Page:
Today I went on the SBSG raptor-watching field trip to Windy Corner near Howden Dams. Despite the weather forecast, and my fear of a total drenching, it was actually fine for most of the morning, with only a few showers which didn’t last very long. And, despite its name, Windy Corner proved to actually be quite sheltered.
The main lure today was goshawks, a lifer that I actually got very early in the morning. They were tantalisingly brief views of a hunting bird, which sent a massive flock of siskins scattering as it dived into the woods. Later on a distant individual could be seen for longer, but further away. A shame it never showed better, but it was good to see a bird that’s long been on my wish list.
Other raptors on show were a peregrine (in a spectacular ruckus with four ravens), a good few sparrowhawks and buzzards, and a couple of kestrels. As well as the raptors, ravens (which are a bird I’ve not seen in Britain since I was a kid) showed well at various points and in good numbers, and made me a bit embarassed it’d taken me so long to see one again.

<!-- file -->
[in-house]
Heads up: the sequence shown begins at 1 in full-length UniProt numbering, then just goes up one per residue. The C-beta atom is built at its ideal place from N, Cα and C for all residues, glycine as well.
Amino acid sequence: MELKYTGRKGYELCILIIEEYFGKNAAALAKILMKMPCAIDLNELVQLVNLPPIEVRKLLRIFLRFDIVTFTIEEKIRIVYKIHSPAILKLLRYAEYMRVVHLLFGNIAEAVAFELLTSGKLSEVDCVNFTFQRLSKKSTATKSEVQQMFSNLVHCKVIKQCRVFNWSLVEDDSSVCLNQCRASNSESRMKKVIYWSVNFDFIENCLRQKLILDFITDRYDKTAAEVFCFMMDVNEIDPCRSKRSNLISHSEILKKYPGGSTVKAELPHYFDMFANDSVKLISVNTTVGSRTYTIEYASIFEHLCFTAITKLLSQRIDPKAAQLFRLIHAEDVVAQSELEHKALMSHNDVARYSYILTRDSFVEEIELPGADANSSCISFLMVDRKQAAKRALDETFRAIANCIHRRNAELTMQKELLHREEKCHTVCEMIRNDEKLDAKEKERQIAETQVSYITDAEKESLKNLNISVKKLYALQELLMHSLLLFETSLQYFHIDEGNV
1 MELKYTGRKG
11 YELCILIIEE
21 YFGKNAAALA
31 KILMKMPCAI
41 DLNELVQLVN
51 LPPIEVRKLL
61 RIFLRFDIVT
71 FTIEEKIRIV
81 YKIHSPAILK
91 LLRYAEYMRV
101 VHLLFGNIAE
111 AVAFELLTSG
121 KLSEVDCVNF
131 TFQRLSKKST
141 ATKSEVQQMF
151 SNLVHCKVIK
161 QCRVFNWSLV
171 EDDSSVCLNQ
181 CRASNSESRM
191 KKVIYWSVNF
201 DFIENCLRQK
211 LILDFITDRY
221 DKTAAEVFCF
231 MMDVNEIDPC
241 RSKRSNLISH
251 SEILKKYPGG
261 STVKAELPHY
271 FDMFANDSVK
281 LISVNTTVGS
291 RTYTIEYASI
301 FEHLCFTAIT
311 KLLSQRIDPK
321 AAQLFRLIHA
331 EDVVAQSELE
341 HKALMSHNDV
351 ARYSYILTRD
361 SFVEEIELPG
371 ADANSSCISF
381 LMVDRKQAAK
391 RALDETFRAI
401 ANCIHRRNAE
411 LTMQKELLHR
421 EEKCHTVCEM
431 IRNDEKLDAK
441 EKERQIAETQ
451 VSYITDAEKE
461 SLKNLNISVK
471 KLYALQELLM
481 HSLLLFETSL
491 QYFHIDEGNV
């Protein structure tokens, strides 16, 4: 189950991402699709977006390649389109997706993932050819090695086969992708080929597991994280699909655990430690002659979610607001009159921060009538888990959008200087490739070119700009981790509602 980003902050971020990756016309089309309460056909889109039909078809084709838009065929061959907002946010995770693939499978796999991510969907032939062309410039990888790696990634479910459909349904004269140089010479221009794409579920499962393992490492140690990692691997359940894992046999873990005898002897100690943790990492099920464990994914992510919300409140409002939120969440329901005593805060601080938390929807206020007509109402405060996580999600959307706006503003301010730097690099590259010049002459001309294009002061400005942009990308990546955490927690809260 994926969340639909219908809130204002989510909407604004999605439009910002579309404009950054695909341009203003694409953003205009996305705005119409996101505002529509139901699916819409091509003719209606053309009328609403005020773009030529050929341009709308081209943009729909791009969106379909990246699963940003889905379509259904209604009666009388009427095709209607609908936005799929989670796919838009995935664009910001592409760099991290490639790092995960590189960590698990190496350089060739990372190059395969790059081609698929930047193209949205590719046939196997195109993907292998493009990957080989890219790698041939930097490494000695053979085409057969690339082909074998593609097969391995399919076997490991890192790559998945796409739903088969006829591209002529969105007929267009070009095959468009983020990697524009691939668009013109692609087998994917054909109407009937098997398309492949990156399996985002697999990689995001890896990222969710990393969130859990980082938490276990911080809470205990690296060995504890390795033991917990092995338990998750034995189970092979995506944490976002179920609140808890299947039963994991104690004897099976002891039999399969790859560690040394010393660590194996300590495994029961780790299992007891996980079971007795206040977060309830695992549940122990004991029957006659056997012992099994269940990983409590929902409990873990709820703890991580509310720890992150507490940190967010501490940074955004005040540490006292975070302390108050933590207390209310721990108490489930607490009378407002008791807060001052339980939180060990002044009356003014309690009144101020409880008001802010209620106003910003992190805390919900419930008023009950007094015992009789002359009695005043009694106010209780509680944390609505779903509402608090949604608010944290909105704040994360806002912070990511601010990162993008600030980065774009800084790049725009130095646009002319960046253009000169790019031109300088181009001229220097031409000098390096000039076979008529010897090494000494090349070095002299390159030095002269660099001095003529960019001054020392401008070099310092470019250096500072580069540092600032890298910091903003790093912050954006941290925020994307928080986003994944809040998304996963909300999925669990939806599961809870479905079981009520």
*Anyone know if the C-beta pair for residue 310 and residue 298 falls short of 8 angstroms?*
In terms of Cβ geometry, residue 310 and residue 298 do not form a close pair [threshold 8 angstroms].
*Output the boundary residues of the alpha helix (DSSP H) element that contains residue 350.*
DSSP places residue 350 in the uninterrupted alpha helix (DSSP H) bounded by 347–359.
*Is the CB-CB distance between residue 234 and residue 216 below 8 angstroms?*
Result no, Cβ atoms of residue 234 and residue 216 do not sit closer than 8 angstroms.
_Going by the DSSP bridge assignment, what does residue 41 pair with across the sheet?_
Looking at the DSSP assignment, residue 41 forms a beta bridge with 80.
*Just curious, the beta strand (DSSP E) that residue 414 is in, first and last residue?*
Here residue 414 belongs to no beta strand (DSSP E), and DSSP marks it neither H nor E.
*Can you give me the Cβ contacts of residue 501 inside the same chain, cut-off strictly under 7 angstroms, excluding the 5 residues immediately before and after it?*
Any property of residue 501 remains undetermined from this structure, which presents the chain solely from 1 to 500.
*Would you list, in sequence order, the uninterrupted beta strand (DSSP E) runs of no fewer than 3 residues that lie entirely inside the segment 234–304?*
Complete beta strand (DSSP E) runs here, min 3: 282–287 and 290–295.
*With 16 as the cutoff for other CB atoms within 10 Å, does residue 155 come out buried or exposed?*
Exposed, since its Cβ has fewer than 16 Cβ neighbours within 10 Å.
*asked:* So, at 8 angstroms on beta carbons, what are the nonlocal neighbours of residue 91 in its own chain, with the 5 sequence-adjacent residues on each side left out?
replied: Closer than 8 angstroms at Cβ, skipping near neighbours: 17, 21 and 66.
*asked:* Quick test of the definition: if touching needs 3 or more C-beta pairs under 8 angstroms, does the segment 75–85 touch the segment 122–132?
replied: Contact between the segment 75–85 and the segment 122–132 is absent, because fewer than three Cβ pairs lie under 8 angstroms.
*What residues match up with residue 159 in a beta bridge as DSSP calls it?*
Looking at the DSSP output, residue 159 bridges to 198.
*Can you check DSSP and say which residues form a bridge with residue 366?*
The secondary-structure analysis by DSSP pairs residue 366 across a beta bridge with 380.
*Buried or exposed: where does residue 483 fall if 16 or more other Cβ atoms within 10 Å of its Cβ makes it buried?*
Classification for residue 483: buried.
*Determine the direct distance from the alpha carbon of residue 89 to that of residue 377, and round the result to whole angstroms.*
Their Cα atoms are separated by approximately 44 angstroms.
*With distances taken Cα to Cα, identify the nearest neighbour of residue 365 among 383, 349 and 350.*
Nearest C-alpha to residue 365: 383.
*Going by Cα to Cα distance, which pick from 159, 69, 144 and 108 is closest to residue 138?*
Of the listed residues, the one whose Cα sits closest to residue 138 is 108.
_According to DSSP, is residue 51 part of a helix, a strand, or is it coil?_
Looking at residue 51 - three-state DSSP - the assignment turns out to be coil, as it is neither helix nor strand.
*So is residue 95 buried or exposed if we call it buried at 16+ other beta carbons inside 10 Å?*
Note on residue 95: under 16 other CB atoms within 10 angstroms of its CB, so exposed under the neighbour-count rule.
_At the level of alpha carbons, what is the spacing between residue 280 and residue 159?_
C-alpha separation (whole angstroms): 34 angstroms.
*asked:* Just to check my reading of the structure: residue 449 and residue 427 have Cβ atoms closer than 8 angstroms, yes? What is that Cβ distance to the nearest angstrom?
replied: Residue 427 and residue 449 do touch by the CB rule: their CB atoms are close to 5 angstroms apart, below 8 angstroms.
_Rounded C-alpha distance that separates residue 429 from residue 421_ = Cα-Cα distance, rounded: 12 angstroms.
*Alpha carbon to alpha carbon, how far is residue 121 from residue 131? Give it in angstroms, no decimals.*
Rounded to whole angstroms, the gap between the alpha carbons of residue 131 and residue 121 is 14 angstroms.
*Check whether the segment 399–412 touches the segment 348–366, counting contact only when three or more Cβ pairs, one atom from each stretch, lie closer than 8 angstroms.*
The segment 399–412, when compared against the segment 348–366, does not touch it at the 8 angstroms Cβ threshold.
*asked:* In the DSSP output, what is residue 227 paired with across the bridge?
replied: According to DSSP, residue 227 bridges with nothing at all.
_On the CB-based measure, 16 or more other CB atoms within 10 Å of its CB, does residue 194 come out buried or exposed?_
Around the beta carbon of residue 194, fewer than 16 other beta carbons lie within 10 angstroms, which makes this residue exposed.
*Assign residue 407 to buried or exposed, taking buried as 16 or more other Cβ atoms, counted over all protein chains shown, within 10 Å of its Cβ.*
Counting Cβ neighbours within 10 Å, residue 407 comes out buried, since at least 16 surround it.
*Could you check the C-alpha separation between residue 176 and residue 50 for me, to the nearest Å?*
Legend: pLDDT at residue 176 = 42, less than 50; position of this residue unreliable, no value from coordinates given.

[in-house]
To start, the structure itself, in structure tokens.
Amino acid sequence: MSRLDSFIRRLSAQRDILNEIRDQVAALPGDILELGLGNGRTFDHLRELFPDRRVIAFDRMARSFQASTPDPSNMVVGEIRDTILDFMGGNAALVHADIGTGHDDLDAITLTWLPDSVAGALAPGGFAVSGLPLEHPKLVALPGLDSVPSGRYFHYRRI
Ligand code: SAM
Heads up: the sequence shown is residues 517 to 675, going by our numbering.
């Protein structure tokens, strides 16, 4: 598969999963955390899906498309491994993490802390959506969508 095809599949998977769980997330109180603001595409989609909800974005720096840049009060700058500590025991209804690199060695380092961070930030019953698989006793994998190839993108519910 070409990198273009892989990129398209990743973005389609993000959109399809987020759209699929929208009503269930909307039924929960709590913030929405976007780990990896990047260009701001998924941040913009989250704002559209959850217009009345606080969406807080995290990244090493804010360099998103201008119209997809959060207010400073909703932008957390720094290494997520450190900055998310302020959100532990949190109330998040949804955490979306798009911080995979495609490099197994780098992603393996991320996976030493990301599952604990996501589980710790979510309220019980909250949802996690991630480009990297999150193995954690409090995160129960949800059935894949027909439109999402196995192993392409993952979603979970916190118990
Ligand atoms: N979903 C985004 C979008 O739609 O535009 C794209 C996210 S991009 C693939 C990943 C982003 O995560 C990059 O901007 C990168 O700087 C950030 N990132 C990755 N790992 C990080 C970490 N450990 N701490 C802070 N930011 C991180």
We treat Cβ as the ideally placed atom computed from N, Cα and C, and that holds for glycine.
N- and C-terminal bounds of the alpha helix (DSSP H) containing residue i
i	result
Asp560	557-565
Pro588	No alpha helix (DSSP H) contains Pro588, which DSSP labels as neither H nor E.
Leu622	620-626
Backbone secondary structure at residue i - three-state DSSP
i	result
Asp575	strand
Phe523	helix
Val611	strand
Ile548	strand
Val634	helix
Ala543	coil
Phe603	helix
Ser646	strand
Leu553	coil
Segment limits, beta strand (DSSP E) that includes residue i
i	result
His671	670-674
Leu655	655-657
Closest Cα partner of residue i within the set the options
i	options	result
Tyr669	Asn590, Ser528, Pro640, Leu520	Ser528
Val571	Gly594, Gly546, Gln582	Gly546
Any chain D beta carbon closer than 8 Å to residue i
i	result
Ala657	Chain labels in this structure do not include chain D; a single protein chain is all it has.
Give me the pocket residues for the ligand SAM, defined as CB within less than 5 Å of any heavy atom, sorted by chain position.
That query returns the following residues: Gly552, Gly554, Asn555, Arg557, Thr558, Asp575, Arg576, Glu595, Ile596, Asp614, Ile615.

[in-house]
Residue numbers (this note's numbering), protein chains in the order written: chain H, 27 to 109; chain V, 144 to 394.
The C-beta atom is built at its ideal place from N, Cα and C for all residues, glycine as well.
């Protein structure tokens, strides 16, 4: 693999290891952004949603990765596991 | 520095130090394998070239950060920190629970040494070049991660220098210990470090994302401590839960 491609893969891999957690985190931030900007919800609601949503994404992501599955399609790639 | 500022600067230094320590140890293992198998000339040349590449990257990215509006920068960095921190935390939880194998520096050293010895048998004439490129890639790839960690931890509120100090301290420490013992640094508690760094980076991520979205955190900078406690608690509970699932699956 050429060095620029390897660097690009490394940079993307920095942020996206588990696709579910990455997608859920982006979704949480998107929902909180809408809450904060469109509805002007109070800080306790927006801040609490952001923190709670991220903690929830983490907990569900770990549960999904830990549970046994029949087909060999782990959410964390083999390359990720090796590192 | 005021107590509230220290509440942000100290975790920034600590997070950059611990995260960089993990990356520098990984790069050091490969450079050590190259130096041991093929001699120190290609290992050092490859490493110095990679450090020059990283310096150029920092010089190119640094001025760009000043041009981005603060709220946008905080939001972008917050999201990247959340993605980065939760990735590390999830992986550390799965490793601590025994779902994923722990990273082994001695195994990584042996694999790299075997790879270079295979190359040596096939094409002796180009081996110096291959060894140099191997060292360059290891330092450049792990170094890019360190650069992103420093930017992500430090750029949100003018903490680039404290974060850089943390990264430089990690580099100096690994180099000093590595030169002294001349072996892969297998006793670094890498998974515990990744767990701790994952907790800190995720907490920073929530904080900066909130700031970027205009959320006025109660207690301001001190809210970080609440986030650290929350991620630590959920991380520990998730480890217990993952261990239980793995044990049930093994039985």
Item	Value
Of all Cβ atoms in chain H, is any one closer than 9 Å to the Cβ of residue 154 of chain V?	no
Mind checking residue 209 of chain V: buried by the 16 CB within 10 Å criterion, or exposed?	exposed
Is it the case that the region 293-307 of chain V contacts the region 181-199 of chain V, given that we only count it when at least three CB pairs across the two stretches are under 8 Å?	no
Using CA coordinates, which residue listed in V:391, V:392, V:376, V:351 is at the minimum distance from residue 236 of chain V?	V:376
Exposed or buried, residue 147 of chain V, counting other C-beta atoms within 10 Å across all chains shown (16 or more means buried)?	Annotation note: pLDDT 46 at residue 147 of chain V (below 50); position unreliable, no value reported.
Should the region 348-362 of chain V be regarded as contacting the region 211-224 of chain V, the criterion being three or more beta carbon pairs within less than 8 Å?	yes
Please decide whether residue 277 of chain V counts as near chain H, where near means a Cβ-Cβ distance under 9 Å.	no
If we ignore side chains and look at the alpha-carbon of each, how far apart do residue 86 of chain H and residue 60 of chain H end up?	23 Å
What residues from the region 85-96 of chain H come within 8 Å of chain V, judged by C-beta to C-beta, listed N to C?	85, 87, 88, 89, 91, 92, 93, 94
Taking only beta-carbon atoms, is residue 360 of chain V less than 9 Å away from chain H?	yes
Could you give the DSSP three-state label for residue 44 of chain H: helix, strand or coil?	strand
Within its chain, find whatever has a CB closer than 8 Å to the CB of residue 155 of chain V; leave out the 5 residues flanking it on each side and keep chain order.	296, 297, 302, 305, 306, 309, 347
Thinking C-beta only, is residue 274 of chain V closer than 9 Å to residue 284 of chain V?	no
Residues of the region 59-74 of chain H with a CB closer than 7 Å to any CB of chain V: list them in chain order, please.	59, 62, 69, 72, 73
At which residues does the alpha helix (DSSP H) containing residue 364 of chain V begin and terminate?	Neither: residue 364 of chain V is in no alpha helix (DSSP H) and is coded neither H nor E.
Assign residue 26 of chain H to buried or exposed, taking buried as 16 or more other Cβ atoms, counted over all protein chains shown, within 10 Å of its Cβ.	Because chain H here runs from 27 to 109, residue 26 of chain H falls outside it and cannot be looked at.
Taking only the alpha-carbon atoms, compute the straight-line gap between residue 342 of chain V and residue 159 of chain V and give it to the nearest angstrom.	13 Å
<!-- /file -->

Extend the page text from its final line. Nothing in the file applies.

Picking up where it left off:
As well as these, there were a pair of goldeneye on the reservoir, a couple of great spotted woodpeckers overhead, a massive flock of bramblings, a couple of curlews, a few goldcrest, and another lifer for me – a crossbill that flew past. About bloody time!
A very big thanks to Richard and Helen for giving me a lift there, and pointing stuff out and clinching IDs for a raptor novice!
Just a little disclaimer to finish with – you really have to be careful as a blogger when writing about the location of certain birds of prey, as you don’t want to be giving too much detail about their whereabouts to persecutors. However, as Windy Corner is such a well-publicised viewpoint for raptor-watching, there’d be little purpose in being vague about the location. If you plan on blogging about rarer birds of prey you have seen, especially around breeding times, have a serious think about who may be reading your posts and how they may be using that information – if in doubt contact your local birding group or county recorder for advice.